“Alta cocker” is a Yiddish expression meaning “old man” and is how his owner describes his cocker spaniel, Uno, who turned 22 on New Year’s Day. He suspects the dog may be the “alta-est” in the world.
Unfortunately, there’s no way for Uno’s owner, Sherman Oaks, California, optometrist Norm Steinberg, to prove the dog’s age; he didn’t come with any official papers, just the ones that are placed on the floor.
According to Dennis McCarthy's human interest column in the Los Angeles Daily News:
Steinberg adopted Uno in 1990 from two women in Valencia who were opening a day care center and could only keep a few dogs. They told him Uno had been born on Jan. 1, 1988.
Dr. Robert Clipsham, a Sherman Oaks veterinary, described Uno as an amizing dog.
"I would not have predicted him doing this well this long. He has his share of geriatric age problems, but for a guy pushing 110, he's phenomenal."
Steinberg said Uno is a food fussy as well as a water purist. If everything isn’t perfectly suited to his taste, he turns his nose up at it.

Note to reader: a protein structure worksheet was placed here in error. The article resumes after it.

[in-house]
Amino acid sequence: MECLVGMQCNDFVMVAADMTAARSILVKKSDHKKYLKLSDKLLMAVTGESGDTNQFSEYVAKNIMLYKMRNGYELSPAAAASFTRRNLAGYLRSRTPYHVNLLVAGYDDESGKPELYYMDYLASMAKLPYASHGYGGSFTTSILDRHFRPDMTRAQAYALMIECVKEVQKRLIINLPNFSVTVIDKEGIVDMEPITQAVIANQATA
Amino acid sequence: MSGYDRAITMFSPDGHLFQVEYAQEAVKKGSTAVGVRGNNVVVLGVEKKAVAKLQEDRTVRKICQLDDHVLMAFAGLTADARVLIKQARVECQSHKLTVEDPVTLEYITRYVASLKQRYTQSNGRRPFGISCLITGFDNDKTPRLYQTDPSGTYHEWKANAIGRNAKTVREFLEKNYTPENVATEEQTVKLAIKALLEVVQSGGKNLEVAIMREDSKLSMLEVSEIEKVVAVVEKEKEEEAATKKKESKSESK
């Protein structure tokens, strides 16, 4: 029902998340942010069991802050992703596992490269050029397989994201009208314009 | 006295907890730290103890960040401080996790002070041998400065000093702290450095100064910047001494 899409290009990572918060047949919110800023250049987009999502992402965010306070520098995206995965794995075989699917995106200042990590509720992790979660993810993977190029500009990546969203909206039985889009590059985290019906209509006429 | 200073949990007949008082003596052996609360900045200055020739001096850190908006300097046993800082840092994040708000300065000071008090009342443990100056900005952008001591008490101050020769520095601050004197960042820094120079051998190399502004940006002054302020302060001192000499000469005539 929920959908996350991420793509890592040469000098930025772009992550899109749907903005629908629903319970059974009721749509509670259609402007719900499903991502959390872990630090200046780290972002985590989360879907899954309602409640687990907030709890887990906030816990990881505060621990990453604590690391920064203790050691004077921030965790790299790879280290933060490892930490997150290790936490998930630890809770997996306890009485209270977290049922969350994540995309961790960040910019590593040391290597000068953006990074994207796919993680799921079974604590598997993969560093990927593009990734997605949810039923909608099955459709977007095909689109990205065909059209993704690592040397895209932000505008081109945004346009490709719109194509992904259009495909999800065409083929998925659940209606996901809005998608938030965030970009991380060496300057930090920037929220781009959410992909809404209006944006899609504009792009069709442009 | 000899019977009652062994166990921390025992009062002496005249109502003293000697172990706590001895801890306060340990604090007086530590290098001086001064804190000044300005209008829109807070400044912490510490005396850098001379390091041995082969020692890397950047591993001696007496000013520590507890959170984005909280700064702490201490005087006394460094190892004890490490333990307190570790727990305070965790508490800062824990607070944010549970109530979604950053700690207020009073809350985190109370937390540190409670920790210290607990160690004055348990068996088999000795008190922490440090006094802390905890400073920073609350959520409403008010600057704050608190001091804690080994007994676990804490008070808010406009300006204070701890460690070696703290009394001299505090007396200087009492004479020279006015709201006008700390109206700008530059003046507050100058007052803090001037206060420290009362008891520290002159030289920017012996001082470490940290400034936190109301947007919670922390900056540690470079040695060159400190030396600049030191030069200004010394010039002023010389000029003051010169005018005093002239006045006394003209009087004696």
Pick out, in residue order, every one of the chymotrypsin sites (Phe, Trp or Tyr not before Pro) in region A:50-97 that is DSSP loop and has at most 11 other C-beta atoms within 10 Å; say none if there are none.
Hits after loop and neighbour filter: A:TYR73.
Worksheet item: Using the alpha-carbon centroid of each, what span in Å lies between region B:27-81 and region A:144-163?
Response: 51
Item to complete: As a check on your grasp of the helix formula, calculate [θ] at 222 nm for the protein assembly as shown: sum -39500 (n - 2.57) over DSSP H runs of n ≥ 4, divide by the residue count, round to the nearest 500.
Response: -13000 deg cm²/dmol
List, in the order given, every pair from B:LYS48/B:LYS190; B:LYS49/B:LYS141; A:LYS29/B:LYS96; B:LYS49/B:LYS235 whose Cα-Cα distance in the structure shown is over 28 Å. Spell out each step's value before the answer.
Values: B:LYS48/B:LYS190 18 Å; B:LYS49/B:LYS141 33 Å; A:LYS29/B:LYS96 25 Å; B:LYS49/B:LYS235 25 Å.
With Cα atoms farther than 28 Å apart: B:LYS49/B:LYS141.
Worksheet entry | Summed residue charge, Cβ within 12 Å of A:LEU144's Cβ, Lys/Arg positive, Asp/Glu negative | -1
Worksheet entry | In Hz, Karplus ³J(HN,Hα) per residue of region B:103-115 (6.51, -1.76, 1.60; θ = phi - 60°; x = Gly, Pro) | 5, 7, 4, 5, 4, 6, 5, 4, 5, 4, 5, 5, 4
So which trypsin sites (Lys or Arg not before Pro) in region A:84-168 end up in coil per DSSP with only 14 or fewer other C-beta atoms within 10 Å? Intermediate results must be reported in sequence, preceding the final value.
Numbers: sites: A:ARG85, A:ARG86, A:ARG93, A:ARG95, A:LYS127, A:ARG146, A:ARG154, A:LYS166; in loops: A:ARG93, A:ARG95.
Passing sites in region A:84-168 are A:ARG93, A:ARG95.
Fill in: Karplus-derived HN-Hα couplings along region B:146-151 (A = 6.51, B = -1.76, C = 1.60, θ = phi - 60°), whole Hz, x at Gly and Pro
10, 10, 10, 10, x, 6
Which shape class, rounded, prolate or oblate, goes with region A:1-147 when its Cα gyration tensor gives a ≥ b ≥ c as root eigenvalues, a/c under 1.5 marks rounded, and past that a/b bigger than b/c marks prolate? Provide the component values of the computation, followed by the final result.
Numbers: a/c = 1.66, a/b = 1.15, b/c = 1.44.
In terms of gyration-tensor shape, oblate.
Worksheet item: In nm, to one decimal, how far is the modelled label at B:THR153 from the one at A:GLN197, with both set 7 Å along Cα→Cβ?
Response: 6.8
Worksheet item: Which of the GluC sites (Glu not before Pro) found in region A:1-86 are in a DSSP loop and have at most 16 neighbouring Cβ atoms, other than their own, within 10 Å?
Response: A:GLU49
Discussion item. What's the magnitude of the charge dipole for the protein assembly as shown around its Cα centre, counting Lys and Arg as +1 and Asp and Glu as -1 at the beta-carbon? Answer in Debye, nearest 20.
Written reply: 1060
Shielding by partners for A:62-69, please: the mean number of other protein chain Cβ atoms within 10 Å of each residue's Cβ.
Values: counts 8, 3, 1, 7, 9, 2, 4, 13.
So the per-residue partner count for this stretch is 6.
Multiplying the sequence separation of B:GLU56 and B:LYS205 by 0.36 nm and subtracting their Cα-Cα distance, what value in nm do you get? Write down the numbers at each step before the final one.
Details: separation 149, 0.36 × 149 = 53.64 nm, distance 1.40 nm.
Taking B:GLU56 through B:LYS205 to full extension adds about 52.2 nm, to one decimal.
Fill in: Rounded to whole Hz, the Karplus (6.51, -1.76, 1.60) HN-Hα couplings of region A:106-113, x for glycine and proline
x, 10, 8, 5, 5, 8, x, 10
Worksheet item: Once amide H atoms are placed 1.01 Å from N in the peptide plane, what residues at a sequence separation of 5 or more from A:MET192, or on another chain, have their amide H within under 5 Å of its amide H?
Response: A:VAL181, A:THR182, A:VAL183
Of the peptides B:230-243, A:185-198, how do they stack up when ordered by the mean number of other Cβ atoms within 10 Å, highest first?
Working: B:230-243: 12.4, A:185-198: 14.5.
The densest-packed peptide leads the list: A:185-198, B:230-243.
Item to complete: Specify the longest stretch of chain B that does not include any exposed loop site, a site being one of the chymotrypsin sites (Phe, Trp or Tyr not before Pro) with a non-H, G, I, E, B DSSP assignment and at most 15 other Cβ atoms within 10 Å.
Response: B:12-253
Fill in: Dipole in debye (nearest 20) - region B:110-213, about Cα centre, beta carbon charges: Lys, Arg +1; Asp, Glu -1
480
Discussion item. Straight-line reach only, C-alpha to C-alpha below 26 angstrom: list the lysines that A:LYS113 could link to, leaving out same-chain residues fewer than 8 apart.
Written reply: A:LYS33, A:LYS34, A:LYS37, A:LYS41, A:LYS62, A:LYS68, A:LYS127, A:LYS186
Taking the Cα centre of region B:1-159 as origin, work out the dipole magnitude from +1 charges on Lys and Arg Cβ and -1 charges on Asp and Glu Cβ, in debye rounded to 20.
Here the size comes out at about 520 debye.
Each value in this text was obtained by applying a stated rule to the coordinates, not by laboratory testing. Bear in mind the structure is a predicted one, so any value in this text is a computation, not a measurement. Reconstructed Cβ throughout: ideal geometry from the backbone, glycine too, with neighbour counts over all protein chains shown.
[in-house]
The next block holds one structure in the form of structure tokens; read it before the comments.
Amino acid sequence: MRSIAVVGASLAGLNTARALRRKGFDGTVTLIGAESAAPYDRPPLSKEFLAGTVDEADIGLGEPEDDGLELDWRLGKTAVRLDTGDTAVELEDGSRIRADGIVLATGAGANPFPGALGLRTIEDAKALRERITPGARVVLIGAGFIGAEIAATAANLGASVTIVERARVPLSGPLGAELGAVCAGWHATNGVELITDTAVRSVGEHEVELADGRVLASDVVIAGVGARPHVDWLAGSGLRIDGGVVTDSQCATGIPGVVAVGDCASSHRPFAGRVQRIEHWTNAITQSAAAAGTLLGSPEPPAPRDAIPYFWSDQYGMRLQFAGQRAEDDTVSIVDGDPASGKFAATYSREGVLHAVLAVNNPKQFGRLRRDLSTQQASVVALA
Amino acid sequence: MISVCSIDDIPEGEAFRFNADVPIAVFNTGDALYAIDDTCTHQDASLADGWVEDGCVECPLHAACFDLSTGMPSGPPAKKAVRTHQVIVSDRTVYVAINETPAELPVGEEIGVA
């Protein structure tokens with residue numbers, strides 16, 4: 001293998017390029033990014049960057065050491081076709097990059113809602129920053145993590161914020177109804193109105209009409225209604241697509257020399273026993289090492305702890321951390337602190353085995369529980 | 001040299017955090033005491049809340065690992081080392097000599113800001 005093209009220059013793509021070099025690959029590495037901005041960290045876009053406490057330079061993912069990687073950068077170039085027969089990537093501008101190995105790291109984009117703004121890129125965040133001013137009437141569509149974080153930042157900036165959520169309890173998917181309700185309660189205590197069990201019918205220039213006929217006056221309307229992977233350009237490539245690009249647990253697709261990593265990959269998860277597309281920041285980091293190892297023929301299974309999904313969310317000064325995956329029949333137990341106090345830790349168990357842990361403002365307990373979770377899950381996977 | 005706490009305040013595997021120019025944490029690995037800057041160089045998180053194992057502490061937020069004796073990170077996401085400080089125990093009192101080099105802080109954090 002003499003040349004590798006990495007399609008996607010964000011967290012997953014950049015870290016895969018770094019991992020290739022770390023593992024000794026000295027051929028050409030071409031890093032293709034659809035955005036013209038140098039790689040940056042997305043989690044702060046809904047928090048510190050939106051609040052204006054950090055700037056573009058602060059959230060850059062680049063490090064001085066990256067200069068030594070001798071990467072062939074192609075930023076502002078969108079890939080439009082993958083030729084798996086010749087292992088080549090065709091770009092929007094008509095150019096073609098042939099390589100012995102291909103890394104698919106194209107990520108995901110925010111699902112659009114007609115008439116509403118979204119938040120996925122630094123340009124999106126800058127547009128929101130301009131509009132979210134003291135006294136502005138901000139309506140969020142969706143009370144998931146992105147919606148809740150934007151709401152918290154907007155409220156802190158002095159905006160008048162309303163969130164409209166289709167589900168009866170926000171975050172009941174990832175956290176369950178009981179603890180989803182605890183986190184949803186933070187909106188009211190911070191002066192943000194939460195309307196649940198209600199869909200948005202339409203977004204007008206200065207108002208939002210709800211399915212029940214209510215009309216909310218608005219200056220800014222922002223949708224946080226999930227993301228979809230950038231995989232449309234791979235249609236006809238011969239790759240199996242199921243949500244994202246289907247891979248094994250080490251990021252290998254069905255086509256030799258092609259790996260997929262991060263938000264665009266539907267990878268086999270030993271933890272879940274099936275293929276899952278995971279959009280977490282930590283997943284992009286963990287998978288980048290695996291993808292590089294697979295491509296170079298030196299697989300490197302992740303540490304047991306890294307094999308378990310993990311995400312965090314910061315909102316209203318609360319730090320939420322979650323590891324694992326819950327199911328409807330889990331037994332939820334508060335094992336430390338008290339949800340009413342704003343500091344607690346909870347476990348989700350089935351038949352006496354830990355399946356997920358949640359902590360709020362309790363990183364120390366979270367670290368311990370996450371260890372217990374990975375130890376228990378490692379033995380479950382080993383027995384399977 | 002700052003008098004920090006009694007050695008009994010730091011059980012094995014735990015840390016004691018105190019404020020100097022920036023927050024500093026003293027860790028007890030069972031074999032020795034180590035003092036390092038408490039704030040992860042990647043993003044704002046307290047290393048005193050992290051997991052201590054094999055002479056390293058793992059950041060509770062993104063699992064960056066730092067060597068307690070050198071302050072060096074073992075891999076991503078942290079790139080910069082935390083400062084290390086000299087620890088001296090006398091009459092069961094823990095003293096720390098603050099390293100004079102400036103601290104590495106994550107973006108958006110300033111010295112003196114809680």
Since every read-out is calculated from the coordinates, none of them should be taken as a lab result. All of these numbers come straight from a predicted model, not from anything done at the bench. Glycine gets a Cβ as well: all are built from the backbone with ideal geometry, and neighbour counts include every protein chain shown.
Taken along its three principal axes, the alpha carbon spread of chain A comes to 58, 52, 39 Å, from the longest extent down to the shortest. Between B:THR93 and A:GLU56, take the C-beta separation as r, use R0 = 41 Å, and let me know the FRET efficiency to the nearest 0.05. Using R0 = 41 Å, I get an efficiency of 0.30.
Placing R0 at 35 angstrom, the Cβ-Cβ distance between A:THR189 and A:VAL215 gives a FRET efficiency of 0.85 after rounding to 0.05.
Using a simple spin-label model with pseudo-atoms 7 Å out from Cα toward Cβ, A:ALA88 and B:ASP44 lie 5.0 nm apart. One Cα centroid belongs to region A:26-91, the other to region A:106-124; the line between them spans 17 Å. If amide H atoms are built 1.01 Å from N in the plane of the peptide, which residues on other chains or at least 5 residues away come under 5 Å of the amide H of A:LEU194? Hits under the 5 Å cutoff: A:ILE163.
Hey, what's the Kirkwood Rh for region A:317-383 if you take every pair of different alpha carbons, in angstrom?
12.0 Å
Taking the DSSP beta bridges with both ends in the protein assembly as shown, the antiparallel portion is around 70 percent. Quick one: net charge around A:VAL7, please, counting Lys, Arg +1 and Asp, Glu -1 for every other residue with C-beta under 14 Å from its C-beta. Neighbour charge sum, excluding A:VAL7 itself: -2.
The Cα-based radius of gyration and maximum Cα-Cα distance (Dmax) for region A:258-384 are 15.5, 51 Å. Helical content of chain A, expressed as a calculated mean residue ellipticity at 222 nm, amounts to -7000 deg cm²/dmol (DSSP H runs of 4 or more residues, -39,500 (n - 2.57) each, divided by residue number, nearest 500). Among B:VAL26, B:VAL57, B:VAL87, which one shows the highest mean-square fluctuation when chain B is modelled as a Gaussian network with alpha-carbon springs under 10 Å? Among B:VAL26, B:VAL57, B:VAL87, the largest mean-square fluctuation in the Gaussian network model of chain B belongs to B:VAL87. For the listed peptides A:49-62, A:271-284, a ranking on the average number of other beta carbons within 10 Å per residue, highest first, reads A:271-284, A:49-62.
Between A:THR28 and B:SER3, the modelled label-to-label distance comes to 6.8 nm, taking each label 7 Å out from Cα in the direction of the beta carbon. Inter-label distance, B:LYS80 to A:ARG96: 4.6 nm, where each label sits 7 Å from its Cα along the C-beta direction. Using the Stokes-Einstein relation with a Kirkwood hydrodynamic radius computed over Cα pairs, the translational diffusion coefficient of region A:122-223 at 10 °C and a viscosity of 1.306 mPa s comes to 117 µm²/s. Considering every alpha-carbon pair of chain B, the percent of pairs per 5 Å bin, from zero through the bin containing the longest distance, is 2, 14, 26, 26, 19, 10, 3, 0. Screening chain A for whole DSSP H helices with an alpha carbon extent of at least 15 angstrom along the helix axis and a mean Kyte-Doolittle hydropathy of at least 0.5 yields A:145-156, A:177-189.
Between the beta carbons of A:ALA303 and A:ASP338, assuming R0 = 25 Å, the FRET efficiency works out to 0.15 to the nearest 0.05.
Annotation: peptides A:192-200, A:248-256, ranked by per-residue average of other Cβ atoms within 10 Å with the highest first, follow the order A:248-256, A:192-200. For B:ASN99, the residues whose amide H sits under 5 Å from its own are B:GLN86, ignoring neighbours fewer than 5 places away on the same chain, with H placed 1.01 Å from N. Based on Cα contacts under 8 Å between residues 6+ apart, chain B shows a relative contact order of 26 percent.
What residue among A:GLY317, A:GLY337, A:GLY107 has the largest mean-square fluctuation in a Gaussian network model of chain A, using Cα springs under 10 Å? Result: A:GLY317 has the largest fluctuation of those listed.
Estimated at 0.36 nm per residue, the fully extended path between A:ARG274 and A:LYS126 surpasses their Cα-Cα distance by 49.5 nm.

If his birth date is accurate, that puts him around 110 in human years.
“Hell, I'd be picky, too. And cranky, Steinberg said.”
Steinberg and his girlfriend, Cherie Gigliotti, began thinking about Uno setting a record for oldest dog when they saw a Dachshund mix named Chanel on the “Today” show last year, who will be going into the Guinness Book of World Records this year as the oldest living dog in the world at age 21.
Since there’s no record of Uno’s birth, Steinberg said they are satisfied with Uno being the unofficial world’s oldest dog.